I grant you that circumstances will determine how such an item may be viewed, whether as a weapon or not. I'll not debate that with you at all.

;)

ugaarguy
April 2, 2014, 05:34 PM
O.C.G.A. 16-11-126
Carrying a concealed weapon


(a) A person commits the offense of carrying a concealed weapon when such person knowingly has or carries about his or her person, unless in an open manner and fully exposed to view, any bludgeon, knuckles whether made from metal, thermoplastic, wood, or other similar material, firearm, knife designed for the purpose of offense and defense, or any other dangerous or deadly weapon or instrument of like character outside of his or her home or place of business, except as permitted under this Code section.
You obviously got that from an outdated website. OCGA 16-11-126 (a) actually says:
(a) Any person who is not prohibited by law from possessing a handgun or long gun may have or carry on his or her person a weapon or long gun on his or her property or inside his or her home, motor vehicle, or place of business without a valid weapons carry license.
Further, OCGA 16-11-125.1 defines what a weapon is:
16-11-125.1. Definitions


As used in this part, the term:

(1) "Handgun" means a firearm of any description, loaded or unloaded, from which any shot, bullet, or other missile can be discharged by an action of an explosive where the length of the barrel, not including any revolving, detachable, or magazine breech, does not exceed 12 inches; provided, however, that the term "handgun" shall not include a gun which discharges a single shot of .46 centimeters or less in diameter.

(2) "Knife" means a cutting instrument designed for the purpose of offense and defense consisting of a blade that is greater than five inches in length which is fastened to a handle.

(3) "License holder" means a person who holds a valid weapons carry license.

(4) "Long gun" means a firearm with a barrel length of at least 18 inches and overall length of at least 26 inches designed or made and intended to be fired from the shoulder and designed or made to use the energy of the explosive in a fixed:

(A) Shotgun shell to fire through a smooth bore either a number of ball shot or a single projectile for each single pull of the trigger or from which any shot, bullet, or other missile can be discharged; or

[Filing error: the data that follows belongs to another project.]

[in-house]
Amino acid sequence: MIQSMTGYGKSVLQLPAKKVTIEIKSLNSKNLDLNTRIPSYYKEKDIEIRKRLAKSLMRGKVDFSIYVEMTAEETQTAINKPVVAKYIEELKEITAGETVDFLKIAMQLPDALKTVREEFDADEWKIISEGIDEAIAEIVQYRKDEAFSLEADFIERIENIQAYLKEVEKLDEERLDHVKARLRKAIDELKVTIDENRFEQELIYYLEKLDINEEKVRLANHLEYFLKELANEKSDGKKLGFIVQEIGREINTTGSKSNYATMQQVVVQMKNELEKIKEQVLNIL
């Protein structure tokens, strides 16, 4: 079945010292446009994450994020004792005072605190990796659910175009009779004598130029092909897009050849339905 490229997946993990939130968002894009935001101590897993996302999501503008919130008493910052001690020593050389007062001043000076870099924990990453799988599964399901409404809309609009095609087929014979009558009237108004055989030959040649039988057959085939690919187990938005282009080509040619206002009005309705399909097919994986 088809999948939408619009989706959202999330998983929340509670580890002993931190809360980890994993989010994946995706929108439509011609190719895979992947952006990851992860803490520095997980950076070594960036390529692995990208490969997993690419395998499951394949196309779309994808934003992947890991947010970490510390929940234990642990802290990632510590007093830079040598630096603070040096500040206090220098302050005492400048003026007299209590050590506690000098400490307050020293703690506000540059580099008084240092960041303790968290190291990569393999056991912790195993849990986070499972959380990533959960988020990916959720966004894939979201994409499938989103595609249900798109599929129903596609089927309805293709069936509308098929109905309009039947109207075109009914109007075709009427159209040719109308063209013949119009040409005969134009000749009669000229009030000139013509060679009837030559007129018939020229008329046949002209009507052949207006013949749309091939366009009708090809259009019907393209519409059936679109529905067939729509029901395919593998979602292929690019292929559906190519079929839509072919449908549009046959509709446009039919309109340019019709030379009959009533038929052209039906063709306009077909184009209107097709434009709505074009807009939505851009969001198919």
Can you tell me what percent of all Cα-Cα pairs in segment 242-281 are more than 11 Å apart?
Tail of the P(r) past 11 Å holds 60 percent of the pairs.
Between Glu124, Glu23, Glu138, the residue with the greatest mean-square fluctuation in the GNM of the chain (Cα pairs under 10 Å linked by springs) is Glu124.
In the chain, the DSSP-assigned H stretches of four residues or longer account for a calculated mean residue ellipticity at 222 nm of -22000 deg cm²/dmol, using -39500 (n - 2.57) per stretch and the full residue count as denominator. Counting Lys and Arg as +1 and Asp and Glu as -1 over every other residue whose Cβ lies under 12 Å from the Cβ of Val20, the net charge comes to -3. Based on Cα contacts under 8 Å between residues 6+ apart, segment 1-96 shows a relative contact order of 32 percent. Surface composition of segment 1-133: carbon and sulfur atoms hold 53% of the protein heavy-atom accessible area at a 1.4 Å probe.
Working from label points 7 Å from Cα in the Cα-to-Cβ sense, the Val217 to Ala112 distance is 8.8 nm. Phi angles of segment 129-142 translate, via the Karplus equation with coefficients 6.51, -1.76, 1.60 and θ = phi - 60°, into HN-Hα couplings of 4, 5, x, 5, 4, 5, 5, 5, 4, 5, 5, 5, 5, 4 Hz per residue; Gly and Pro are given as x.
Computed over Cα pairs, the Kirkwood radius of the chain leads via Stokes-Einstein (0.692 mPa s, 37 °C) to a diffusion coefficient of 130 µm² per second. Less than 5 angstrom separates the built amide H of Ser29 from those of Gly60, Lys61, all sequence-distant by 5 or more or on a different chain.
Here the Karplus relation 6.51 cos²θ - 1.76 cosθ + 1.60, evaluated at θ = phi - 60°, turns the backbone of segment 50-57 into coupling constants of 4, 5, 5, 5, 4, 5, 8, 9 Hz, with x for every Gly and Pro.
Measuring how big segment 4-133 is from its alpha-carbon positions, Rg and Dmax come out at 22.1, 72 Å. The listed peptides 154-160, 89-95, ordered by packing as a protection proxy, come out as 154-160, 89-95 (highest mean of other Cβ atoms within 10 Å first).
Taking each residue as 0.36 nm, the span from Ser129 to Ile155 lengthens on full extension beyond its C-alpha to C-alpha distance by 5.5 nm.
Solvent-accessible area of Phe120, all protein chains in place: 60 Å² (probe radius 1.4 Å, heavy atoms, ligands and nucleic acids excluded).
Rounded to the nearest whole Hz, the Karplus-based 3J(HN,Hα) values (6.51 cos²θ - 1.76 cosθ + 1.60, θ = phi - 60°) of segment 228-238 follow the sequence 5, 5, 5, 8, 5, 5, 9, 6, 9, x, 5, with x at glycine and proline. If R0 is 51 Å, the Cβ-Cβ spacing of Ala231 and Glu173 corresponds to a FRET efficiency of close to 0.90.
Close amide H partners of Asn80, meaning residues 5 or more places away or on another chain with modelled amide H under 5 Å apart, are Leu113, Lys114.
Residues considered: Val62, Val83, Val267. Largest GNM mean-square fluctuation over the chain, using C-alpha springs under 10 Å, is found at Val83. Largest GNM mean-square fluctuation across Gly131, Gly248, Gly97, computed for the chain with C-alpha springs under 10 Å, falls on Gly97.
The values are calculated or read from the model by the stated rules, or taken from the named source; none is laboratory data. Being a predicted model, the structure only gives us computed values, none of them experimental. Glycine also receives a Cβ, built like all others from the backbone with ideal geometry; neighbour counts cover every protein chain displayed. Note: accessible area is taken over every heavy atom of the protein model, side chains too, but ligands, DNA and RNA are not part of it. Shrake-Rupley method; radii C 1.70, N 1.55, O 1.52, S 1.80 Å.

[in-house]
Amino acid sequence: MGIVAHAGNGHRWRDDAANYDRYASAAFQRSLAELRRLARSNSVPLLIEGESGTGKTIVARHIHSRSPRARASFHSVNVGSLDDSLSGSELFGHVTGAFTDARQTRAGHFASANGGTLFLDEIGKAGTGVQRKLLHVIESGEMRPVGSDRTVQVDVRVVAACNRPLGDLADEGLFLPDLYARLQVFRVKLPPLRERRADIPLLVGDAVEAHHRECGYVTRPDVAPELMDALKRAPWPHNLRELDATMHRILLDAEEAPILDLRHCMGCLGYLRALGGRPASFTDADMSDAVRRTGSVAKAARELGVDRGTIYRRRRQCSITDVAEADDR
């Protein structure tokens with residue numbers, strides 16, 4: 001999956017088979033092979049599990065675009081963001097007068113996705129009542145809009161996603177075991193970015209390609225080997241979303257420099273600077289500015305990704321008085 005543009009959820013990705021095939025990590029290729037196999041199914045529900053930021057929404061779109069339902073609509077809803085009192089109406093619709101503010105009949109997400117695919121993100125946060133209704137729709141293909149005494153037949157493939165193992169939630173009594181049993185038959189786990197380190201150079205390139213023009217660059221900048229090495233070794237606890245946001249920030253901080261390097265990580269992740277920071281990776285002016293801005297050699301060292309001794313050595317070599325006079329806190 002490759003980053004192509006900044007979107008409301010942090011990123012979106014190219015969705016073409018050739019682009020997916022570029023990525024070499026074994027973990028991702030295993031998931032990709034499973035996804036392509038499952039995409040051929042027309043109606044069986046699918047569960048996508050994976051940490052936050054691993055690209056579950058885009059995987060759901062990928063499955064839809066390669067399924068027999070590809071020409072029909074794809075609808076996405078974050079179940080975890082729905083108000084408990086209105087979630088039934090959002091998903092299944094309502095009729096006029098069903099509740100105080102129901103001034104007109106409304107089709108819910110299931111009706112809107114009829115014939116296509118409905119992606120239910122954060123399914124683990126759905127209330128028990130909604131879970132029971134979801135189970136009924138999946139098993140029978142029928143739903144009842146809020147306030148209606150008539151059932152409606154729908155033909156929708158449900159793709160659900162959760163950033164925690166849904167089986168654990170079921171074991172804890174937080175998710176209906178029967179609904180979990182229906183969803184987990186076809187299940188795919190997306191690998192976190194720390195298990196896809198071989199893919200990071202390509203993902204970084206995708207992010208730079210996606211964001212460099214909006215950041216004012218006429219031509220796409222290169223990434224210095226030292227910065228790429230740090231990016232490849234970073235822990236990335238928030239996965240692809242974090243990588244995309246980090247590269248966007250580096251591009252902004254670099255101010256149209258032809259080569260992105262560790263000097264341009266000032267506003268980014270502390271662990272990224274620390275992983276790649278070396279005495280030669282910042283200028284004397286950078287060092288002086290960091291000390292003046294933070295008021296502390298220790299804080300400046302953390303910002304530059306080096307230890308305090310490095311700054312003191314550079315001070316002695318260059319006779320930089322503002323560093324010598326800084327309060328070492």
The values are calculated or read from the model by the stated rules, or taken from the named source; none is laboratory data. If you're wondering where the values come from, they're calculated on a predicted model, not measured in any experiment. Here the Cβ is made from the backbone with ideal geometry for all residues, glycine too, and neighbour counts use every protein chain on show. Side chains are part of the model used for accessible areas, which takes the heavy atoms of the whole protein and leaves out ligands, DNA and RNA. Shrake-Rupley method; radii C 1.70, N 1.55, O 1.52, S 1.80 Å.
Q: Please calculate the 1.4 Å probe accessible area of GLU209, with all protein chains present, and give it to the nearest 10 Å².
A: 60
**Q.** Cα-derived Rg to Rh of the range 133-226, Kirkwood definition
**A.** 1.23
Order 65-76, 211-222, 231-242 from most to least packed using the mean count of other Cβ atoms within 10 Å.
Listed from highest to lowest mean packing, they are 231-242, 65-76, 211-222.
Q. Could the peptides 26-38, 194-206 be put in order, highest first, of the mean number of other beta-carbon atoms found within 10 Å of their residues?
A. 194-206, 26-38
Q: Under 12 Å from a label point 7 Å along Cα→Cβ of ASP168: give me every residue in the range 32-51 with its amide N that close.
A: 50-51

(B) Metallic cartridge to fire only a single projectile through a rifle bore for each single pull of the trigger;

provided, however, that the term "long gun" shall not include a gun which discharges a single shot of .46 centimeters or less in diameter.

(5) "Weapon" means a knife or handgun.

(6) "Weapons carry license" or "license" means a license issued pursuant to Code Section 16-11-129.

(Emphasis Mine)

glistam
April 2, 2014, 05:47 PM
ugaarguy, you beat me to it about Georgia. You are the man!

For the record I have looked at the laws of all 50 states (at some point or another) and a significant number of them permit purpose-made blunt force weapons, at the very least unconcealed. In Arizona you can carry anything as long as you're over 21. Maryland definitely allows them unconcealed, and has no law about concealed except for "sandclubs" and nunchaku.

308win
April 2, 2014, 06:09 PM
Carrying a sap in Ohio will get you charged with a felony thus costing you your right to possess firearms.

2923.11 Weapons control definitions.
As used in sections 2923.11 to 2923.24 of the Revised Code:

(A) "Deadly weapon" means any instrument, device, or thing capable of inflicting death, and designed or specially adapted for use as a weapon, or possessed, carried, or used as a weapon.


2923.12 Carrying concealed weapons.
(A) No person shall knowingly carry or have, concealed on the person's person or concealed ready at hand, any of the following:
(1) A deadly weapon other than a handgun;